Nearly all the reading I do now is for research, so it's almost all nonfiction, and God help me, that's been a huge bolus of history about Nazis, death camps, warfare, death and misery. I've promised myself that when A Thread of Grace is done (writer), and when I've finished the months of touring and publicity work required to support it (author), I will cut down to one job and take a whole year off so I can read for pleasure again, while the washing machine hums and bread rises in the kitchen.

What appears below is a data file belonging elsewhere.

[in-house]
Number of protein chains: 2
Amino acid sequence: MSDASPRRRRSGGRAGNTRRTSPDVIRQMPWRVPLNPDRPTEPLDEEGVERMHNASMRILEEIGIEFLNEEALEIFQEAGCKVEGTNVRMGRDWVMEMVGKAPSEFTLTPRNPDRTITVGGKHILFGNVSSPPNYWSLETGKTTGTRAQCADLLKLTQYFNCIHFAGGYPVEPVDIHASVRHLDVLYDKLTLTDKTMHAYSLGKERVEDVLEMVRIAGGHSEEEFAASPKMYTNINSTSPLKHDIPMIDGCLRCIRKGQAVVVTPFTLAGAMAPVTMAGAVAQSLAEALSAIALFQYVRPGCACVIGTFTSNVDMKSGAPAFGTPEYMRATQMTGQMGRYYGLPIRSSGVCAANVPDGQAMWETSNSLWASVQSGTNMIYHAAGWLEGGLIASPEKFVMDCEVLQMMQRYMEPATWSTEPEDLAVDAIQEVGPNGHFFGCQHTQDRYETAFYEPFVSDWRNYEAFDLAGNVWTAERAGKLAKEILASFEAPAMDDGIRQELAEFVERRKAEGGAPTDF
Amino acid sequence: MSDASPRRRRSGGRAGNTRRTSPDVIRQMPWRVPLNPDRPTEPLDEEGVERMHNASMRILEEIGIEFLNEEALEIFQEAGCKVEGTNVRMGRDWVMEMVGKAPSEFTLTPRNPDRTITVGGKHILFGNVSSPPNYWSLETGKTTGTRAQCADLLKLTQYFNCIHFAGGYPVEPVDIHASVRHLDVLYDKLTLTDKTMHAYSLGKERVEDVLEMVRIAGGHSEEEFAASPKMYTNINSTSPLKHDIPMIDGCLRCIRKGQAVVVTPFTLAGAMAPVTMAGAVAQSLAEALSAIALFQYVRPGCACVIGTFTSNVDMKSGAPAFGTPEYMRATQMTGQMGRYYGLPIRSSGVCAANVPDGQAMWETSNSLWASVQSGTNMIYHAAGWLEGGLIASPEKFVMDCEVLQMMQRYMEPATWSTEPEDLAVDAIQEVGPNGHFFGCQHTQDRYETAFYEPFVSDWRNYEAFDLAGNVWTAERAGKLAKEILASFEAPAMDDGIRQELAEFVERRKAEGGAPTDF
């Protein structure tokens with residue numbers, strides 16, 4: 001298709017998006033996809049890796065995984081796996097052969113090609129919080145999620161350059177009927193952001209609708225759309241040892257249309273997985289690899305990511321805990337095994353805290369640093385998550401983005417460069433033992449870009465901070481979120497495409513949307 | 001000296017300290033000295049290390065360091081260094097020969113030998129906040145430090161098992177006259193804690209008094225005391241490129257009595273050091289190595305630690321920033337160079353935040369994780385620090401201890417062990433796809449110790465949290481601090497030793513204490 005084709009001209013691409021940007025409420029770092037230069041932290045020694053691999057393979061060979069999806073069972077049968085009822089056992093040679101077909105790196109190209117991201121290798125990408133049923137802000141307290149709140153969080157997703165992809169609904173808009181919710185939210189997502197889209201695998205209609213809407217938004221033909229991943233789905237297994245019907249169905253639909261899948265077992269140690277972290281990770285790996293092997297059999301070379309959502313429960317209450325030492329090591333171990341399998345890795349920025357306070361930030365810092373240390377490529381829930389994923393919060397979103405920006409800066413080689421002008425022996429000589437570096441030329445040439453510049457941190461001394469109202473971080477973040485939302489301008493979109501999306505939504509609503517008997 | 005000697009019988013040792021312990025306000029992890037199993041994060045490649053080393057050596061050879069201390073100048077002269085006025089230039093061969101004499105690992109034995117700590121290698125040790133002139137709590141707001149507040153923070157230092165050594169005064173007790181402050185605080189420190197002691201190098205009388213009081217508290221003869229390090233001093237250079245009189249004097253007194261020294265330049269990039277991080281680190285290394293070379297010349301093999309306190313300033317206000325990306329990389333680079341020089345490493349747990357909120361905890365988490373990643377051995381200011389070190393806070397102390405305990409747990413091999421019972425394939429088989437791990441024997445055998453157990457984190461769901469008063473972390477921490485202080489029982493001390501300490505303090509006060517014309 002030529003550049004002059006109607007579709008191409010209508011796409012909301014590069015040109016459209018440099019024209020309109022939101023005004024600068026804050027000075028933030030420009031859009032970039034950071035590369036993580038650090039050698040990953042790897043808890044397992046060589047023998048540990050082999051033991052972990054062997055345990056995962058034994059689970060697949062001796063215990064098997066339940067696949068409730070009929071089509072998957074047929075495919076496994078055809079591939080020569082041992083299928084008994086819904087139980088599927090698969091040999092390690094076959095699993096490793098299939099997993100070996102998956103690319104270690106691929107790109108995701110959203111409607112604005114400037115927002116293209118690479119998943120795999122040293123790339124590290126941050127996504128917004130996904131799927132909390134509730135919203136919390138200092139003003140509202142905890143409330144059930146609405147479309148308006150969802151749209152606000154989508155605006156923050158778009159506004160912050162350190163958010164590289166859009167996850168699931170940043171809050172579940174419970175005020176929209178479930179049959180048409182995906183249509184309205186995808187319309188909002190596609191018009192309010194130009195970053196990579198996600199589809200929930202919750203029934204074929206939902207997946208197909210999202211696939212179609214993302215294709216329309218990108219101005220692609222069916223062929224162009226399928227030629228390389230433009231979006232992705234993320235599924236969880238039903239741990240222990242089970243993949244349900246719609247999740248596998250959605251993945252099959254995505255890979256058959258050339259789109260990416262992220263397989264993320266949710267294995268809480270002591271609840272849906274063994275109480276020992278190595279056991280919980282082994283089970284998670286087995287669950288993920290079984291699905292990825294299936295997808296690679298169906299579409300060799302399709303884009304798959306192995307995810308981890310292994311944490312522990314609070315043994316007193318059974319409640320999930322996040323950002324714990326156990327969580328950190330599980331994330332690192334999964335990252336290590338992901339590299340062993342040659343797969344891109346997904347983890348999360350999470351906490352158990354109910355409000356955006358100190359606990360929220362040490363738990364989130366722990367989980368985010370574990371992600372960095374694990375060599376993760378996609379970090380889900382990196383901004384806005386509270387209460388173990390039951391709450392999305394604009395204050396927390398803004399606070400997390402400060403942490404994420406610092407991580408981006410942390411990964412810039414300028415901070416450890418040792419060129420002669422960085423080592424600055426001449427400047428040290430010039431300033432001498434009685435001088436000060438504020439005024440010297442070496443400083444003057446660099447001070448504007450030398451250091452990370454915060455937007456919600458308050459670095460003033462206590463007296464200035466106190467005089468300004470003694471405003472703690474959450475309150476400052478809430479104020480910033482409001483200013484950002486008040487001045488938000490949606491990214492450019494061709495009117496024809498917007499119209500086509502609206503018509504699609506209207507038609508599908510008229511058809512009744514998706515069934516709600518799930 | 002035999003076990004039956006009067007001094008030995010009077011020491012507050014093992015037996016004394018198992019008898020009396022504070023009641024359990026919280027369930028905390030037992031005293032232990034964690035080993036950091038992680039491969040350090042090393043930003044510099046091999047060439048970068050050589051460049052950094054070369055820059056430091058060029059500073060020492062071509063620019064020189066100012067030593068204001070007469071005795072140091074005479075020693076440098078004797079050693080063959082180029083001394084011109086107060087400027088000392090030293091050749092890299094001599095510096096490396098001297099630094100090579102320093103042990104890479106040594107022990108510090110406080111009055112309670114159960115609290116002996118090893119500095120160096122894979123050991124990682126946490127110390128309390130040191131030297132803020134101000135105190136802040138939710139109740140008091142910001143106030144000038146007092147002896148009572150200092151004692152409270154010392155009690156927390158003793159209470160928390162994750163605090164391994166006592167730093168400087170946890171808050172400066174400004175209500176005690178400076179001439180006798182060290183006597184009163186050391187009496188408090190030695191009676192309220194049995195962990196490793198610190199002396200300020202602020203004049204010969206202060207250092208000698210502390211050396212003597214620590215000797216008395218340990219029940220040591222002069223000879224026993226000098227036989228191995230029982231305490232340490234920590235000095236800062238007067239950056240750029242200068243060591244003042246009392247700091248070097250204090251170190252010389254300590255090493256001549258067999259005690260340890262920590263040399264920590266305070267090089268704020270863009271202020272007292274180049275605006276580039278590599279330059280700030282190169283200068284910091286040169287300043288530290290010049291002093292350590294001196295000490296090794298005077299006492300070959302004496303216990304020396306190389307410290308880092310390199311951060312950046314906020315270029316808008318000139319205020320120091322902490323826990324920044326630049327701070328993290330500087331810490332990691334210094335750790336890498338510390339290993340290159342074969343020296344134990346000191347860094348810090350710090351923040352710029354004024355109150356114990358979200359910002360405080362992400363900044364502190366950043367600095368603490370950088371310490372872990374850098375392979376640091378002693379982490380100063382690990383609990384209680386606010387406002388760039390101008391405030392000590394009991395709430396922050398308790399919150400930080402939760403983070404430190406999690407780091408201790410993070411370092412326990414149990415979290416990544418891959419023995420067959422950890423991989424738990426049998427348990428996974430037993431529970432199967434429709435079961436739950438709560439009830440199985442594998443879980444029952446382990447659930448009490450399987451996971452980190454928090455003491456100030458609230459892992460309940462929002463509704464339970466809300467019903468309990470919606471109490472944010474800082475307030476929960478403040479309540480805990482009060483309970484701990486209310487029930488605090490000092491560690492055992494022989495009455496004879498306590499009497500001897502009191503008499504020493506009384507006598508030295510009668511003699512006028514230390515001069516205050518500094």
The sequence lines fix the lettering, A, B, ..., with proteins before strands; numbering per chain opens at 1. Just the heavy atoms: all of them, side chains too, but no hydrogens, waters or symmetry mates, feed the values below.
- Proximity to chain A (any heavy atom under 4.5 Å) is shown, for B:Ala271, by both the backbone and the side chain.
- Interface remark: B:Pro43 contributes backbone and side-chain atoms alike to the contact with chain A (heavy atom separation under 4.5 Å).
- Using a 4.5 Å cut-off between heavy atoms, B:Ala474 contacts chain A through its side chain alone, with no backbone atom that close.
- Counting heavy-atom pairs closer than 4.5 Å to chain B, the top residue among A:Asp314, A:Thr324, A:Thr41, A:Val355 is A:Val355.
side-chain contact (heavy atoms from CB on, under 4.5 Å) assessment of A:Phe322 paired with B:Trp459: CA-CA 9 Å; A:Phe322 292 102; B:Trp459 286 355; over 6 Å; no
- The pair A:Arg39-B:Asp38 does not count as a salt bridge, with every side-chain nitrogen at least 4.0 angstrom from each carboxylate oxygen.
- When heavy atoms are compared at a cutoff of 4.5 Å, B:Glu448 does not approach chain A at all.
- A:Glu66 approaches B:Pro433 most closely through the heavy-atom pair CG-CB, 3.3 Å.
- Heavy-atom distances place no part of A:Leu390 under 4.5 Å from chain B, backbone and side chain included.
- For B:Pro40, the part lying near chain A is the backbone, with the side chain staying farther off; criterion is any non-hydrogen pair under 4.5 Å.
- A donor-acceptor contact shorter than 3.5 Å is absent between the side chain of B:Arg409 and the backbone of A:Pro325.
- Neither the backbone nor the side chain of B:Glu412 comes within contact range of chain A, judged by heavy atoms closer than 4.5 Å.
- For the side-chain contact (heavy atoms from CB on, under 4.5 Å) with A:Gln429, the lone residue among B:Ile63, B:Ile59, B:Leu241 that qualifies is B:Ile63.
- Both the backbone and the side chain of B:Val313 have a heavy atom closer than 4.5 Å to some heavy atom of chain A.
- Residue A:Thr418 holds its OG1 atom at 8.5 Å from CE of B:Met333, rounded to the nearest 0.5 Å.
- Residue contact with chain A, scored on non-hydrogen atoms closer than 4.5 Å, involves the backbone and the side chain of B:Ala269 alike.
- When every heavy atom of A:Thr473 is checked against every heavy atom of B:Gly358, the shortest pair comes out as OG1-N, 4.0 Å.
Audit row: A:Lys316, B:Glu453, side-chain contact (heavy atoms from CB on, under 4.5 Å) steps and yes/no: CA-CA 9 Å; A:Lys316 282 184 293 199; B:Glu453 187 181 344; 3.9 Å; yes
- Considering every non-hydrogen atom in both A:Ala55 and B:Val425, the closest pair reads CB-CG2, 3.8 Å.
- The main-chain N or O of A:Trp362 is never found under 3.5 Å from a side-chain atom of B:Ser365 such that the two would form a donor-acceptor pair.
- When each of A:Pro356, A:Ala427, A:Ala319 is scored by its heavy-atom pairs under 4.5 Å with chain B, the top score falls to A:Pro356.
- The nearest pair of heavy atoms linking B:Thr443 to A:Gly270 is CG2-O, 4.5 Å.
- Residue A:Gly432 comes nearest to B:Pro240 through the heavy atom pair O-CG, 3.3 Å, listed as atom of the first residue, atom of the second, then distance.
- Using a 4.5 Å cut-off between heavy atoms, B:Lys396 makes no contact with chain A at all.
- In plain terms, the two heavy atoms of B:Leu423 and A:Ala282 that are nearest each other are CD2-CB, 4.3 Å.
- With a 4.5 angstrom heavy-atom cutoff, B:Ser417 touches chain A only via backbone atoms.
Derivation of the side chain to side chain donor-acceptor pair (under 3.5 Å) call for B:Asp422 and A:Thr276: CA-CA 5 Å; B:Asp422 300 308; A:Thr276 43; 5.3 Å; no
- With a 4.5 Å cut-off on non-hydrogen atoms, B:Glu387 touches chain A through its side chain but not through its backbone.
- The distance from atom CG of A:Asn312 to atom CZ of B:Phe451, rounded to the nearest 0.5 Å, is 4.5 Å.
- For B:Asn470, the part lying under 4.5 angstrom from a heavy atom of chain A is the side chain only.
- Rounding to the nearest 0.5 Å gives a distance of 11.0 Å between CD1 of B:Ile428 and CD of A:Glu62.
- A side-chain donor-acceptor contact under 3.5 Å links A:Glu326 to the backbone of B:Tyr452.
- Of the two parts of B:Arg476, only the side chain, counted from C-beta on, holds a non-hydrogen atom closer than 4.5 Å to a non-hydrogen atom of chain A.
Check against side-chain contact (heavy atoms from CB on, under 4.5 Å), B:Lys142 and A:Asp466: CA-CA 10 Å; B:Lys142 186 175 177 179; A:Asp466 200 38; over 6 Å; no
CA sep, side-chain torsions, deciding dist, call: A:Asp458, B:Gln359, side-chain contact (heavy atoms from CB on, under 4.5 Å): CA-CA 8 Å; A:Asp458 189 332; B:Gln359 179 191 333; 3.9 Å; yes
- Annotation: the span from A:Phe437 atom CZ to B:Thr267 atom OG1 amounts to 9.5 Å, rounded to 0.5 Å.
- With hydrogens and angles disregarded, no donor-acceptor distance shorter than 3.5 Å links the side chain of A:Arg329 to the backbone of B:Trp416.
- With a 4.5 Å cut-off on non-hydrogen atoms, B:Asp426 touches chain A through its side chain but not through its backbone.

Q: What is the best thing being Mary Doria Russell and the worst?